Another hurricane season is almost here. It comes every year. So too the projections. The hype. But also the sobering thought that this might be the year our homes, businesses, or entire community are changed forever.
Curiosity about how bad the year could be naturally generates interest. It’s one of the reasons the late Dr. William Gray began issuing seasonal forecasts 35 years ago. His team at Colorado State claims an overall success rate of 69%, but that could be misleading if the cyclone’s lifetime or strength is not considered.
Most published forecasts emphasize a projected number of storms compared to the 30-year average. By this measuring stick alone, the three most popular ones (Colorado State, The Weather Channel, and NOAA) have only successfully predicted whether the season would be active or inactive 51% of the time.
Gray’s successor Dr. Phil Klotzbach released his first 2017 outlook Thursday at the annual Tropical Weather Conference in Texas, calling for a “slightly below normal year.”
Dr. Klotzbach's season forecast is out. @robgalb #hurrcon17 pic.twitter.com/U6vFJhTGT0
— Hurricane Conference (@HurricaneCon) April 8, 2017
The 30-year mean by which “normal” is defined includes 12 named storms and six hurricanes, with two becoming major. The last season that was forecast to be active, or above normal, was 2013, which Phil admitted was his largest forecast error to date. Only two hurricanes formed that year, far below his forecast of nine.
Other agencies have since followed in Dr. Gray’s footsteps, and today there are dozens of pre-season forecasts available. In the past ten years, however, there has been no significant increase in the accuracy of such efforts.
Not only is the accuracy of the seasonal forecast in question, its efficacy is subject to debate. Shortly after Colorado State’s forecast was posted on Twitter, former FEMA Administrator Craig Fugate chimed in.
And what will you do differently based on this forecast? Me – I get ready for Hurricane Season every year, no matter the seasonal forecast https://t.co/kv2ohHnK0h
— Craig (@WCraigFugate) April 6, 2017
This echoes his sentiment expressed at last year’s Governor’s Hurricane Conference in Orlando. A room filled with hundreds of emergency managers went silent after he asked, “Are you going to do anything different this year, if it’s above average, average, or below average?”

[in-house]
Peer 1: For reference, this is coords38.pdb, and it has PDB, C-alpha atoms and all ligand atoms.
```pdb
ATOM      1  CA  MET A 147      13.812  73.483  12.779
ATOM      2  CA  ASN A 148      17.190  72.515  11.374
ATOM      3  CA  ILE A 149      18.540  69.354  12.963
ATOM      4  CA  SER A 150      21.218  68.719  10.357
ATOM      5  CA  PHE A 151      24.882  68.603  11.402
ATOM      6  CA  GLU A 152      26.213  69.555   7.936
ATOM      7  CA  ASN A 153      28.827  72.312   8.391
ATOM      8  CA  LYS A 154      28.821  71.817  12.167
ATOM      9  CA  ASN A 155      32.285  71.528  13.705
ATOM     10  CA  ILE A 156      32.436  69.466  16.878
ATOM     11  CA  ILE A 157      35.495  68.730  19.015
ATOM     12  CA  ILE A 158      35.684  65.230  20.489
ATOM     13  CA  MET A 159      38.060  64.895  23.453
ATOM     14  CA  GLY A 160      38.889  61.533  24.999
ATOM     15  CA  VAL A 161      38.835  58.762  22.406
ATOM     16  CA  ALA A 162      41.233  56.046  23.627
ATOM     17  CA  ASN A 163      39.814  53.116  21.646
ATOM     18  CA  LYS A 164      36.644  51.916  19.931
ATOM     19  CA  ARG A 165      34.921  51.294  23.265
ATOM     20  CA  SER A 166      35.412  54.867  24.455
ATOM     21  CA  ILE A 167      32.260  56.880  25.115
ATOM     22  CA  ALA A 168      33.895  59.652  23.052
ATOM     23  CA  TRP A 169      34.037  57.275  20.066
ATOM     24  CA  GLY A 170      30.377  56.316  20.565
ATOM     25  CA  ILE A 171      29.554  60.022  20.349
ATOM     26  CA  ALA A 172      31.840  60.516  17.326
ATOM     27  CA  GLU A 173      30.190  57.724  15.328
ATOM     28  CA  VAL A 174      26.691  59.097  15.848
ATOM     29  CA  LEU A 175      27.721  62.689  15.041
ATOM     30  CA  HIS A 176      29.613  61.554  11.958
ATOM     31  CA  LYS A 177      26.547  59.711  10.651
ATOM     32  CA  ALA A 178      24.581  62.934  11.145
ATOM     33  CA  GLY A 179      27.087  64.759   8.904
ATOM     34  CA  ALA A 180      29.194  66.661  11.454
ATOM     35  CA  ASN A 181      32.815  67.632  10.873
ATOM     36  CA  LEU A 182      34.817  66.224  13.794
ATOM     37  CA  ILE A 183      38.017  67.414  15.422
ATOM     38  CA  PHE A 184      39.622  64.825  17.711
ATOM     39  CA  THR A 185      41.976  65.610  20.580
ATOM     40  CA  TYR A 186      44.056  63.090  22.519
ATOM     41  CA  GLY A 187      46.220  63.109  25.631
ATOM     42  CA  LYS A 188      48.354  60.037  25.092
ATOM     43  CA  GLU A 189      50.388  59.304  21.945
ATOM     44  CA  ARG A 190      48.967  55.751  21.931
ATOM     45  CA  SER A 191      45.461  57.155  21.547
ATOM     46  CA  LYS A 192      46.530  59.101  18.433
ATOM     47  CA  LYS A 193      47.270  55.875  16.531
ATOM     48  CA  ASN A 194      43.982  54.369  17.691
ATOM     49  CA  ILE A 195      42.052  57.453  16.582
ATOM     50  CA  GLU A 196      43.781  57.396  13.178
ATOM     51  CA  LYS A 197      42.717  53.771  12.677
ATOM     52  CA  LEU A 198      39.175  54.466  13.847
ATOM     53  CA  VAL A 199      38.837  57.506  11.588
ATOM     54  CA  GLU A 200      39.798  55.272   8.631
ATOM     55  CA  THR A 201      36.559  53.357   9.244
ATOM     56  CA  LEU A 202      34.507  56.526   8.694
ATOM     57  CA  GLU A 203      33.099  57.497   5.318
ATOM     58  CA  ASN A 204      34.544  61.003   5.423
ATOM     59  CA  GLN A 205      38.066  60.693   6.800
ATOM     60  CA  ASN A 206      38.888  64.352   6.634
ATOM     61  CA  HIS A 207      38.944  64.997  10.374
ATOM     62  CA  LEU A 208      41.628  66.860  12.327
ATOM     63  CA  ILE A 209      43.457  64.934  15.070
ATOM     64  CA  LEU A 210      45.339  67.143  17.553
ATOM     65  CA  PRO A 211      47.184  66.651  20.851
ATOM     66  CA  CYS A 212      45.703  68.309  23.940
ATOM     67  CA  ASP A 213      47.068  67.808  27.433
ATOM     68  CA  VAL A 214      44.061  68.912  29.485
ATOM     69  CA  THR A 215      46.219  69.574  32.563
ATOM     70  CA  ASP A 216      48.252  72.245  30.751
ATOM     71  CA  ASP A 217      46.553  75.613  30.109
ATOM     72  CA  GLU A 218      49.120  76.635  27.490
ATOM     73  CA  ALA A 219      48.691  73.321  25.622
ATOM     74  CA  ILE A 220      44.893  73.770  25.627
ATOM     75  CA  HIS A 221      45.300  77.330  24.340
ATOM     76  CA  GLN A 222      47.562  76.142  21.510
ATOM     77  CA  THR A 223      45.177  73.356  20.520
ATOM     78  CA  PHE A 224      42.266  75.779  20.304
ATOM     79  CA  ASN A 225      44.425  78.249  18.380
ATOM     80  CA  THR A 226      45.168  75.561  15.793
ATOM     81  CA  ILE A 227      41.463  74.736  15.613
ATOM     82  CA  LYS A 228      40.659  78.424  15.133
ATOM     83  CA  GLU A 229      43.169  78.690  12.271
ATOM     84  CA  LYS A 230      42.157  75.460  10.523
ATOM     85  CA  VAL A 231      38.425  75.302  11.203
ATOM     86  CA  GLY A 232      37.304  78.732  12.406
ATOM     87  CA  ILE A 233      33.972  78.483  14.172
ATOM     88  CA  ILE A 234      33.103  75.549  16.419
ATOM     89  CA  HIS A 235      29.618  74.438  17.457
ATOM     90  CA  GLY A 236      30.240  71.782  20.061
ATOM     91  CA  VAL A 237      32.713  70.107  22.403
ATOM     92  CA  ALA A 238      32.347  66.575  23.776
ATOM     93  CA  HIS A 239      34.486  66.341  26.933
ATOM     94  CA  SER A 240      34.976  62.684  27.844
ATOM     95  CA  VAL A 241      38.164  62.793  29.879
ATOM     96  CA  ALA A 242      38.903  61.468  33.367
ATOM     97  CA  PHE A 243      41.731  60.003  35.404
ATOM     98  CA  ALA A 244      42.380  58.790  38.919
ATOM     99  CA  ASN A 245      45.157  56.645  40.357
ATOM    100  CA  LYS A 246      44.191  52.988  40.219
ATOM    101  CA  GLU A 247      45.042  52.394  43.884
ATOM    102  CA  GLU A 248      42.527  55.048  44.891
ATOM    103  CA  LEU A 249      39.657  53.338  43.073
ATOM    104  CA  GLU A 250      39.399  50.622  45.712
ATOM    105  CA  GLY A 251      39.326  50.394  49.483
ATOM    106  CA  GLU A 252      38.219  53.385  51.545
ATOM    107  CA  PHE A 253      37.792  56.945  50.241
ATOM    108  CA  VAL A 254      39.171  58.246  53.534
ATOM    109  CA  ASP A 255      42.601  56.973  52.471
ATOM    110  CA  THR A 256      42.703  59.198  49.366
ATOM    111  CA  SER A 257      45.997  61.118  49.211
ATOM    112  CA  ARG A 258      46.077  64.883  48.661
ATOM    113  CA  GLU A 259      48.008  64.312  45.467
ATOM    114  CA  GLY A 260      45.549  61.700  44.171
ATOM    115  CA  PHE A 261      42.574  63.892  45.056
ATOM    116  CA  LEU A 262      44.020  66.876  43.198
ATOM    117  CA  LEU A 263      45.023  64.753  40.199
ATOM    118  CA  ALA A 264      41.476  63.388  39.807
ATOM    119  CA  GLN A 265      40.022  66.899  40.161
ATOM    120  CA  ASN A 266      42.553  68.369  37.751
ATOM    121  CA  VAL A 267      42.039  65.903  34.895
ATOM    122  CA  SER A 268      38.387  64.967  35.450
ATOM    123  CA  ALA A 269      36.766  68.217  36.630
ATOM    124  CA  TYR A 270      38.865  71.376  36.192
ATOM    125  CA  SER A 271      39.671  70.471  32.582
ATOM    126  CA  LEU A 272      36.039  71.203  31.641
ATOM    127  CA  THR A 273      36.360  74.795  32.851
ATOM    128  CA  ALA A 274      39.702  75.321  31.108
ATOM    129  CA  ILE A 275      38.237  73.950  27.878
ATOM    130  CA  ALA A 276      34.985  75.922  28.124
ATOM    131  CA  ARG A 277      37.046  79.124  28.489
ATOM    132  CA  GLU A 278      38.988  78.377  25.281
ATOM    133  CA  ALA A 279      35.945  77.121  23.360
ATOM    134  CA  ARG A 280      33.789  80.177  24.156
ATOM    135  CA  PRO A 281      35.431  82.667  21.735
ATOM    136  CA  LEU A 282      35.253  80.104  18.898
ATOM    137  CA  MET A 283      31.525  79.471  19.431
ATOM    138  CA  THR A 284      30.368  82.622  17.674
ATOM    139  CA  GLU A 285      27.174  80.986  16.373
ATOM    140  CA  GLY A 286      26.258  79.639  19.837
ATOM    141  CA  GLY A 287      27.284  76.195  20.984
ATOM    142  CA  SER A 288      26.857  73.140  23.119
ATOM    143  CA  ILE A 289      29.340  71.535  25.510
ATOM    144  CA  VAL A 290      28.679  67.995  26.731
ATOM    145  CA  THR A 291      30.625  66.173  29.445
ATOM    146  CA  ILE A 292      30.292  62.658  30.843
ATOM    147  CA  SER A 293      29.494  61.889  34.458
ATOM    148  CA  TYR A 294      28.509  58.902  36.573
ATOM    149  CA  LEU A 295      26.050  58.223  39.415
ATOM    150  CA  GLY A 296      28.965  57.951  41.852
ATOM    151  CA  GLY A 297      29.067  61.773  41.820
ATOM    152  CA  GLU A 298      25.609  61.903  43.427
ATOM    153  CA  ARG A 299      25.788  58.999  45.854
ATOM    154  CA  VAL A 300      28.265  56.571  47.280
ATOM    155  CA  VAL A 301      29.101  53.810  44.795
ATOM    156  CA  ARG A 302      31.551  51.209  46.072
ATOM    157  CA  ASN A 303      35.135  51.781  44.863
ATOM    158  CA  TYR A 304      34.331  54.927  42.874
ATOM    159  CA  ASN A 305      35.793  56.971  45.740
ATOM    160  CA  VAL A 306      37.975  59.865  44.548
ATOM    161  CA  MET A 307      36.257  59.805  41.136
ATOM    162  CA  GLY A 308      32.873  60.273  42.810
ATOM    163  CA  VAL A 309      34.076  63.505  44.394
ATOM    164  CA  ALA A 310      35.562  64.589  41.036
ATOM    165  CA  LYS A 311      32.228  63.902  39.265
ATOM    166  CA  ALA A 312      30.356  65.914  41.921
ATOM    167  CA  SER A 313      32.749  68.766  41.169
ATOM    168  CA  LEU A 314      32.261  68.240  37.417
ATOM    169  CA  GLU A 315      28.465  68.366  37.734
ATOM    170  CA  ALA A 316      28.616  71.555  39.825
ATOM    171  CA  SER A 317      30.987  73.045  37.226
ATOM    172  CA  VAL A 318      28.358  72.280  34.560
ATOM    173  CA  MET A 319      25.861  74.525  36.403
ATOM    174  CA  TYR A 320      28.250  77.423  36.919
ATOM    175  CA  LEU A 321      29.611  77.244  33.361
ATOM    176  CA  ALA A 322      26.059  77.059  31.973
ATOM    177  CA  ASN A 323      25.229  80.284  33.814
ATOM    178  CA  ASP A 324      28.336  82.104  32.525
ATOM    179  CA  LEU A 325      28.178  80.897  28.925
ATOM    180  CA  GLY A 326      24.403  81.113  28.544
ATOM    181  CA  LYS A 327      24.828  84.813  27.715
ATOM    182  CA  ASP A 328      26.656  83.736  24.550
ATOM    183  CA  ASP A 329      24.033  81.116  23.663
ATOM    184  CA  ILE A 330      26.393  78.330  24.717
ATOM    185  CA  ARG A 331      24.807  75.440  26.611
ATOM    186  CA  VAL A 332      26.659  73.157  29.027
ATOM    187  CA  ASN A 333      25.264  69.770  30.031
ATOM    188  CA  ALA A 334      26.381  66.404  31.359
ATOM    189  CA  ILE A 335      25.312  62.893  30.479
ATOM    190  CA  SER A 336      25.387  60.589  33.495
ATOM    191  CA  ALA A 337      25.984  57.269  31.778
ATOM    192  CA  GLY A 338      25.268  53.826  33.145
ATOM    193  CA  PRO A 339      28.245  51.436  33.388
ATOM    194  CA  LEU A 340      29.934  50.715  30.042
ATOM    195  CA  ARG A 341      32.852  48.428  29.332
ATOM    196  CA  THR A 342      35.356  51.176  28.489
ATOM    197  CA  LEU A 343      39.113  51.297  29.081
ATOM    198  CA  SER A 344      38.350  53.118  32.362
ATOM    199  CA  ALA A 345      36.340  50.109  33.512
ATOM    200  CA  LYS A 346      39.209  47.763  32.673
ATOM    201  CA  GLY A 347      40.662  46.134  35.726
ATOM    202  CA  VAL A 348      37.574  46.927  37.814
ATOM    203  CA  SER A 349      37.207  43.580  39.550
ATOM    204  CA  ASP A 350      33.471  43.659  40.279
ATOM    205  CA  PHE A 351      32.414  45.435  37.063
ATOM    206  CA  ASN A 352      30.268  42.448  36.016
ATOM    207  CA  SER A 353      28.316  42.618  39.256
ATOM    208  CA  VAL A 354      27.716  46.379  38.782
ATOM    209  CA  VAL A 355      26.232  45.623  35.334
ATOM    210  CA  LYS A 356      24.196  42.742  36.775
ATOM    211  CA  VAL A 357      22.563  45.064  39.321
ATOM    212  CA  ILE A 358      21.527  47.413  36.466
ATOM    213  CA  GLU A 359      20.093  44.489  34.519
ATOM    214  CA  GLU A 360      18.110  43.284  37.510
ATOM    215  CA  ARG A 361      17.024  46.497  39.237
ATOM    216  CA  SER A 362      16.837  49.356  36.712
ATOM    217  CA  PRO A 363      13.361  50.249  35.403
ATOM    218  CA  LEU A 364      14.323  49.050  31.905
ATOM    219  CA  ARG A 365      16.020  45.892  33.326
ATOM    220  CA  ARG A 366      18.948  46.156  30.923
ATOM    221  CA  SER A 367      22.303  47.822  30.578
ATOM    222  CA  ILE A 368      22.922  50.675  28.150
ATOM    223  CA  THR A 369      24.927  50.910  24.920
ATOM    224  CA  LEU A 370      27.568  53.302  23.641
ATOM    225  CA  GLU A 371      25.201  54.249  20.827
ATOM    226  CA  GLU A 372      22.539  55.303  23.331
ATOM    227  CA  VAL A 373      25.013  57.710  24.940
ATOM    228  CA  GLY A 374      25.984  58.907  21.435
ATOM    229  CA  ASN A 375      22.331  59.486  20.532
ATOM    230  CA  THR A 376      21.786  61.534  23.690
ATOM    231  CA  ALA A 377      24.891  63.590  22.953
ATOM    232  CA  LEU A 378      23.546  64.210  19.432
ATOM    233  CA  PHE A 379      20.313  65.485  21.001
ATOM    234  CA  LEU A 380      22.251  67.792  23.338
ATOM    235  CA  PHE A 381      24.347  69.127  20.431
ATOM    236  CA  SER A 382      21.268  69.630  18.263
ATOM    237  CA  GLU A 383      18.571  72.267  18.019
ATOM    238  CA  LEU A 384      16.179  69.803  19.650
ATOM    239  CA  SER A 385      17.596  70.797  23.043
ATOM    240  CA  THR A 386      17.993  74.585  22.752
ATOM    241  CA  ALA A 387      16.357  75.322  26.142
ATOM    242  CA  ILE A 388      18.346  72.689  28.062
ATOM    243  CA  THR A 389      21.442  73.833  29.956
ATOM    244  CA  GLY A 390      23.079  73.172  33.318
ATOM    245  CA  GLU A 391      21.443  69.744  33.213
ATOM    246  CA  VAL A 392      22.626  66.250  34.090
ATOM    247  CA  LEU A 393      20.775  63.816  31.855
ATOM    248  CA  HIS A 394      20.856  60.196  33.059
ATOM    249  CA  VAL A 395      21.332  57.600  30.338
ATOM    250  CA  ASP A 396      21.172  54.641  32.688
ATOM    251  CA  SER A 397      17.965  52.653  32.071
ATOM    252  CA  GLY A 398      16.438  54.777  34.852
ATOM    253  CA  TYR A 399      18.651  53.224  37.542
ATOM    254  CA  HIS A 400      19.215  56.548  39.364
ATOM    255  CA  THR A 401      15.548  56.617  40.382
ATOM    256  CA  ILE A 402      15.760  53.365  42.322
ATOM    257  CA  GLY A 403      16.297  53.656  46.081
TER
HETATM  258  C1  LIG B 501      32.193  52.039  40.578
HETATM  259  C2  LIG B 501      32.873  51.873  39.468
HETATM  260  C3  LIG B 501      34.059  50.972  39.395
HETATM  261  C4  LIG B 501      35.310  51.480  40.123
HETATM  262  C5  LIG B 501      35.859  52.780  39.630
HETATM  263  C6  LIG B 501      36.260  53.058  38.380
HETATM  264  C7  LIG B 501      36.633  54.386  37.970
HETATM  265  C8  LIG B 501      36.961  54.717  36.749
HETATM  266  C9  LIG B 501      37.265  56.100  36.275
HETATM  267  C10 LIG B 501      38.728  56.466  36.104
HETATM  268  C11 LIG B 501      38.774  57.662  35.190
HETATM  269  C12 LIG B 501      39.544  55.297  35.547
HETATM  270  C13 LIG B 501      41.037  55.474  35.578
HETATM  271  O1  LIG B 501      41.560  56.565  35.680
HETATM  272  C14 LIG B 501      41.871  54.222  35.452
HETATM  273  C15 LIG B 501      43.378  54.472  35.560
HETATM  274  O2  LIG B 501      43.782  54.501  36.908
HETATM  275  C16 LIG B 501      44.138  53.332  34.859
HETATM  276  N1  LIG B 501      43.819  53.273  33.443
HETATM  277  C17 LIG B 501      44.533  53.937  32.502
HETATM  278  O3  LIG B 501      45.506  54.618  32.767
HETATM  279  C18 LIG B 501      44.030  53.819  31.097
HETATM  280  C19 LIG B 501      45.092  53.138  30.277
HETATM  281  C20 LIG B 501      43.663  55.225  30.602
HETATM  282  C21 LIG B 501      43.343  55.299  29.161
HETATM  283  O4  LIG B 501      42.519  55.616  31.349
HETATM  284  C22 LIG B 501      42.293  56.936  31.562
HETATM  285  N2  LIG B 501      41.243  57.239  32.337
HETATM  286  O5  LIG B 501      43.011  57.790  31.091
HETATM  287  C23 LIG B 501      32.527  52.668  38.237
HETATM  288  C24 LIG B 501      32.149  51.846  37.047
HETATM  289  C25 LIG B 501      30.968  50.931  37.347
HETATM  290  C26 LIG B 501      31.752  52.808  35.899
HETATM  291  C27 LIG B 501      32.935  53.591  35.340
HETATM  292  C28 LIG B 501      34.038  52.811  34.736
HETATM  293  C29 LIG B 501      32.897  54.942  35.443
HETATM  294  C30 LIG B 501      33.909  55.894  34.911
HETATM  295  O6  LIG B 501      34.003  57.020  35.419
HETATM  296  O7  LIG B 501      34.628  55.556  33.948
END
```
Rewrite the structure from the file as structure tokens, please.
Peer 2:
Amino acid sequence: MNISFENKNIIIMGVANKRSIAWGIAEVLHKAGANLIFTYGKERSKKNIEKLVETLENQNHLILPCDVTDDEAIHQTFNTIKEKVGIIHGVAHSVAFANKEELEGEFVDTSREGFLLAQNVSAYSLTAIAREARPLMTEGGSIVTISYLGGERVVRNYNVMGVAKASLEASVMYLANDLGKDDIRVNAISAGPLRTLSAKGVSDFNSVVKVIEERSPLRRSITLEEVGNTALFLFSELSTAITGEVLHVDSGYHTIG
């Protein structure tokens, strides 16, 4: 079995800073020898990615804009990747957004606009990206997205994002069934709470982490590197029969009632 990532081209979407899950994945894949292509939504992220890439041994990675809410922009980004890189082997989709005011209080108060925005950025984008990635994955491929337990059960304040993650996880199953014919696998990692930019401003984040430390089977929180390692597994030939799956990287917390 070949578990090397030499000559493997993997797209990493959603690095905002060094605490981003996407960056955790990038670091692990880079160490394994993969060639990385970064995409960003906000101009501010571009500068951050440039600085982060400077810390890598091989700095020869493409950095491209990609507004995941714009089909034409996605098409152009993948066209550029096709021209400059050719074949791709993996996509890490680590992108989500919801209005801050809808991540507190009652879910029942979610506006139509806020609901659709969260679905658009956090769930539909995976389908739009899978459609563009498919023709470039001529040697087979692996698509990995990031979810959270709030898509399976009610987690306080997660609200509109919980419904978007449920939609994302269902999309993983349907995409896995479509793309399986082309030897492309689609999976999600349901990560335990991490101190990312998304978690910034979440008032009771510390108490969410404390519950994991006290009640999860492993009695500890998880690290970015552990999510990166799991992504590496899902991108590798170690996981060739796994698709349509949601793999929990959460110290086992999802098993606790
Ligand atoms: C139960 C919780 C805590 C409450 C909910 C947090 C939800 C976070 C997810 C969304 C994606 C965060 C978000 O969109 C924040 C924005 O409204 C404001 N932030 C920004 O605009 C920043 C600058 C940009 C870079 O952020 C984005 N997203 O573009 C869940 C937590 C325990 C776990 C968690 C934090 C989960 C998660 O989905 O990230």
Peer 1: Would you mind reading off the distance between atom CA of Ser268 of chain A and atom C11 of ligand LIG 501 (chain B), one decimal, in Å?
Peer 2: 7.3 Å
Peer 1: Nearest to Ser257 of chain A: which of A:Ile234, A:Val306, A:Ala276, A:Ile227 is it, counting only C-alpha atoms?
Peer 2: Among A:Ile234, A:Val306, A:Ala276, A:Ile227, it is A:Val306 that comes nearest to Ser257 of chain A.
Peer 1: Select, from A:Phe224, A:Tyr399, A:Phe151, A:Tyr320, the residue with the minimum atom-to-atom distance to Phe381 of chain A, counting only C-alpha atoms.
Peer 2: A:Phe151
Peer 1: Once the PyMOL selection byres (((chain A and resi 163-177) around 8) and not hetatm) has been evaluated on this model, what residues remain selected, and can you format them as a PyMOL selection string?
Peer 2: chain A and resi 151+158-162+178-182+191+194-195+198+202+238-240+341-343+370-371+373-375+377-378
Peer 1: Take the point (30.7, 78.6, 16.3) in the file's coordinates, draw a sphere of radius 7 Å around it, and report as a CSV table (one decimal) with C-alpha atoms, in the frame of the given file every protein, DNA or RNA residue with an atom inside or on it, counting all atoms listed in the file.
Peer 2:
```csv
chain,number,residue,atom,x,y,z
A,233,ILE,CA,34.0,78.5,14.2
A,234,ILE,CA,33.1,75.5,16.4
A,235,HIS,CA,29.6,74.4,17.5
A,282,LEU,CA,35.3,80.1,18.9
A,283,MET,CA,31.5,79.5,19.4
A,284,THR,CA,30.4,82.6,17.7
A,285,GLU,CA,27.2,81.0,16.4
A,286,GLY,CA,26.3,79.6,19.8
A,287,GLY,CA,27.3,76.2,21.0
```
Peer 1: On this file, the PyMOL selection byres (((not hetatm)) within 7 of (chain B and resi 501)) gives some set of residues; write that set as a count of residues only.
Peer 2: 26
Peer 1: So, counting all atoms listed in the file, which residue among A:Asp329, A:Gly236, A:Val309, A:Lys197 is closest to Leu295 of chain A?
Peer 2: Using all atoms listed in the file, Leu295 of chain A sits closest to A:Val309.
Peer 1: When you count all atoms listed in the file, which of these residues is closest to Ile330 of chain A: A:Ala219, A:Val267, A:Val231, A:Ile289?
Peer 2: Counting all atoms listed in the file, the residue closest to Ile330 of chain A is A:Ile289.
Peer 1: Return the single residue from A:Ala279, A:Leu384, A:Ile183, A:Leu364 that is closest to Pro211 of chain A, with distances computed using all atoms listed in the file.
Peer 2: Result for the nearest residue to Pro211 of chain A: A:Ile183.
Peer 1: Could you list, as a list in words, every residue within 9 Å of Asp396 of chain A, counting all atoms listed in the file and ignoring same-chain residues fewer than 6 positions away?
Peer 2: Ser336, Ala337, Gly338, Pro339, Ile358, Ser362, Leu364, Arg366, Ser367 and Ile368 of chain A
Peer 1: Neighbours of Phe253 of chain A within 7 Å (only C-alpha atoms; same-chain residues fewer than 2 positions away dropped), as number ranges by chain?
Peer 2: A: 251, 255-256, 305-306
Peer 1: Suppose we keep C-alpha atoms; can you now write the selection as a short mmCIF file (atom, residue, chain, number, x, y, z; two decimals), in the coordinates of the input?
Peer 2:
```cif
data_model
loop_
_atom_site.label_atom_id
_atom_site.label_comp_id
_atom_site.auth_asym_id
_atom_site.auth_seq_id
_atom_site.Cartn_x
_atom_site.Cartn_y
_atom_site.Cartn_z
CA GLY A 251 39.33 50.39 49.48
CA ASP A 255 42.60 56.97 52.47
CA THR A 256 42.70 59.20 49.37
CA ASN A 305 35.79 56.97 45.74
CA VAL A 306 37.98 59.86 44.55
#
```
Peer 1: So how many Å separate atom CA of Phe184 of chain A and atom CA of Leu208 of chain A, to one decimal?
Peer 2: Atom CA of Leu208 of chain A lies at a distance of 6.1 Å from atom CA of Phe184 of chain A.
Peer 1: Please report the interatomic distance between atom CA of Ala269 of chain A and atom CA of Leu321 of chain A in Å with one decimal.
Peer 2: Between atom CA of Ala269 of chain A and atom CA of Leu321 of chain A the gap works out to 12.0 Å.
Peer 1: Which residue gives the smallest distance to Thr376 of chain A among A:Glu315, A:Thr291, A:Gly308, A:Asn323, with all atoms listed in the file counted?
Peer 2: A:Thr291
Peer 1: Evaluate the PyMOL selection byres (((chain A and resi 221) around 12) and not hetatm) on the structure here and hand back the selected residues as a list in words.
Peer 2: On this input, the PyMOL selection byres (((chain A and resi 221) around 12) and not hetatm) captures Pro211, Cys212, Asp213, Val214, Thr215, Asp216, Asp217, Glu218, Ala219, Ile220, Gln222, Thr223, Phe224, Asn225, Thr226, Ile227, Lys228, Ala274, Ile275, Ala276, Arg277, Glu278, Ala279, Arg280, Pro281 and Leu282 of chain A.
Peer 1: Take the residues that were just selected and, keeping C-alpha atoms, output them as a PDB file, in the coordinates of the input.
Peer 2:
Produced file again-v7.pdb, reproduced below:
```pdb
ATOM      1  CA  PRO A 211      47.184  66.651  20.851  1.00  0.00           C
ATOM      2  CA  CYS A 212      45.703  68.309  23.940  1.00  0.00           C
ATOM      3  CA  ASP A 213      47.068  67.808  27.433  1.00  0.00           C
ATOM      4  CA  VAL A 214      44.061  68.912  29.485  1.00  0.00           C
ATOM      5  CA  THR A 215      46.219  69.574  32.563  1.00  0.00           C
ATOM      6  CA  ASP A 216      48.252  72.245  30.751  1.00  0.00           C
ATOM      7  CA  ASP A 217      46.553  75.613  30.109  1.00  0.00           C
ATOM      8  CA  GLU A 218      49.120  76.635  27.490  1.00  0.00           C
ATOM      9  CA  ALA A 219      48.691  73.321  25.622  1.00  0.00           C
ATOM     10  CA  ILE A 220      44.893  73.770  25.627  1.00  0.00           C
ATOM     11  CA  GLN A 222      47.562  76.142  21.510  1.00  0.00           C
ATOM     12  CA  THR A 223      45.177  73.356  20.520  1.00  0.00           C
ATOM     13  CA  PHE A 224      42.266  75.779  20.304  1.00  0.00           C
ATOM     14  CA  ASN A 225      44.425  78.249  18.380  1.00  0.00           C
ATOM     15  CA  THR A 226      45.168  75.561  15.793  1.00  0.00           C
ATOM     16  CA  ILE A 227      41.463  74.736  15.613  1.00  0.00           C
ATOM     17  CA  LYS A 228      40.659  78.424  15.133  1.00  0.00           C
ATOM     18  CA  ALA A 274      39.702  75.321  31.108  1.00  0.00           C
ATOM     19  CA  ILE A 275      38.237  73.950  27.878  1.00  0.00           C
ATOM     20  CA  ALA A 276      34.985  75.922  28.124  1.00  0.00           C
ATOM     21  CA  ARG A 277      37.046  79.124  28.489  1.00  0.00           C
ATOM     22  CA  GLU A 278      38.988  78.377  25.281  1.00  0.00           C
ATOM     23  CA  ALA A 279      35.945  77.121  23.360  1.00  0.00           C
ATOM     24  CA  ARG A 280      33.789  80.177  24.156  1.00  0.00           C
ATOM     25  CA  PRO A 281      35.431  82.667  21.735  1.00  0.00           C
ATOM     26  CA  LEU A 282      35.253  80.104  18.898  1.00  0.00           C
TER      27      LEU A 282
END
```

Fugate said all residents in Florida are at risk of a hurricane, even those who live the furthest inland. The 2016 season served as a reminder of how vulnerable the peninsula is, and Craig believes the response was just “mediocre”.
“I think too many people have forgotten the lessons that they were waiting for the next forecast to say ‘maybe I don’t need to go’. The problem was Matthew was a big enough storm that just a slight deviation inland would have meant a lot more impacts.”
Bill Johnson, emergency management director of Palm Beach County, also believes the pre-season forecasts are irrelevant.
“In my conversations with people at outreach events, I don’t hear them talking much about pre-season forecasts, so I’m not sure these forecasts play a major role in determining preparedness behavior.”
May Mayfield, whose steady voice as director of the National Hurricane Center through the hyperactive 2004 and 2005 seasons won him an Emmy, appreciates the science that goes into a long range forecast.
“I’m all for the research to improve seasonal forecasts, but it’s just not all about the numbers.”
Cooler-than-normal sea surface temperatures, higher air pressure and the salinity of the water are all contributing factors to Klotzbach’s numbers this year. He also uses analogs, years with similar meteorological conditions at this time of year, to formulate his forecast.
The strongest signal for Atlantic Basin tropical cyclone activity comes from the other side of our continent. When waters in the Eastern Pacific are unusually warm, a phenomenon meteorologists refer to as an El Nino, it correlates to fewer hurricanes in the Atlantic. The opposite phase, La Nina, is a cool period in the Pacific that has a notable, albeit weaker connection to the Atlantic’s busier years.
This year, however, Phil said he’s “not sure” about this sign. A weak La Nina developed last fall, but has since waned. A rare sudden flip to an El Nino may occur this fall, but “uncertainty is high”, he said, on whether it will be strong enough to play a significant role.
Regardless of a season’s forecast, Phil wanted everyone to remember, “There’s really no way to predict where the storms are going to go months in advance. Once you’re a few days out, you can know with some certainly where they’re going to go.”
The Atlantic Hurricane Season runs from June 1 to November 30.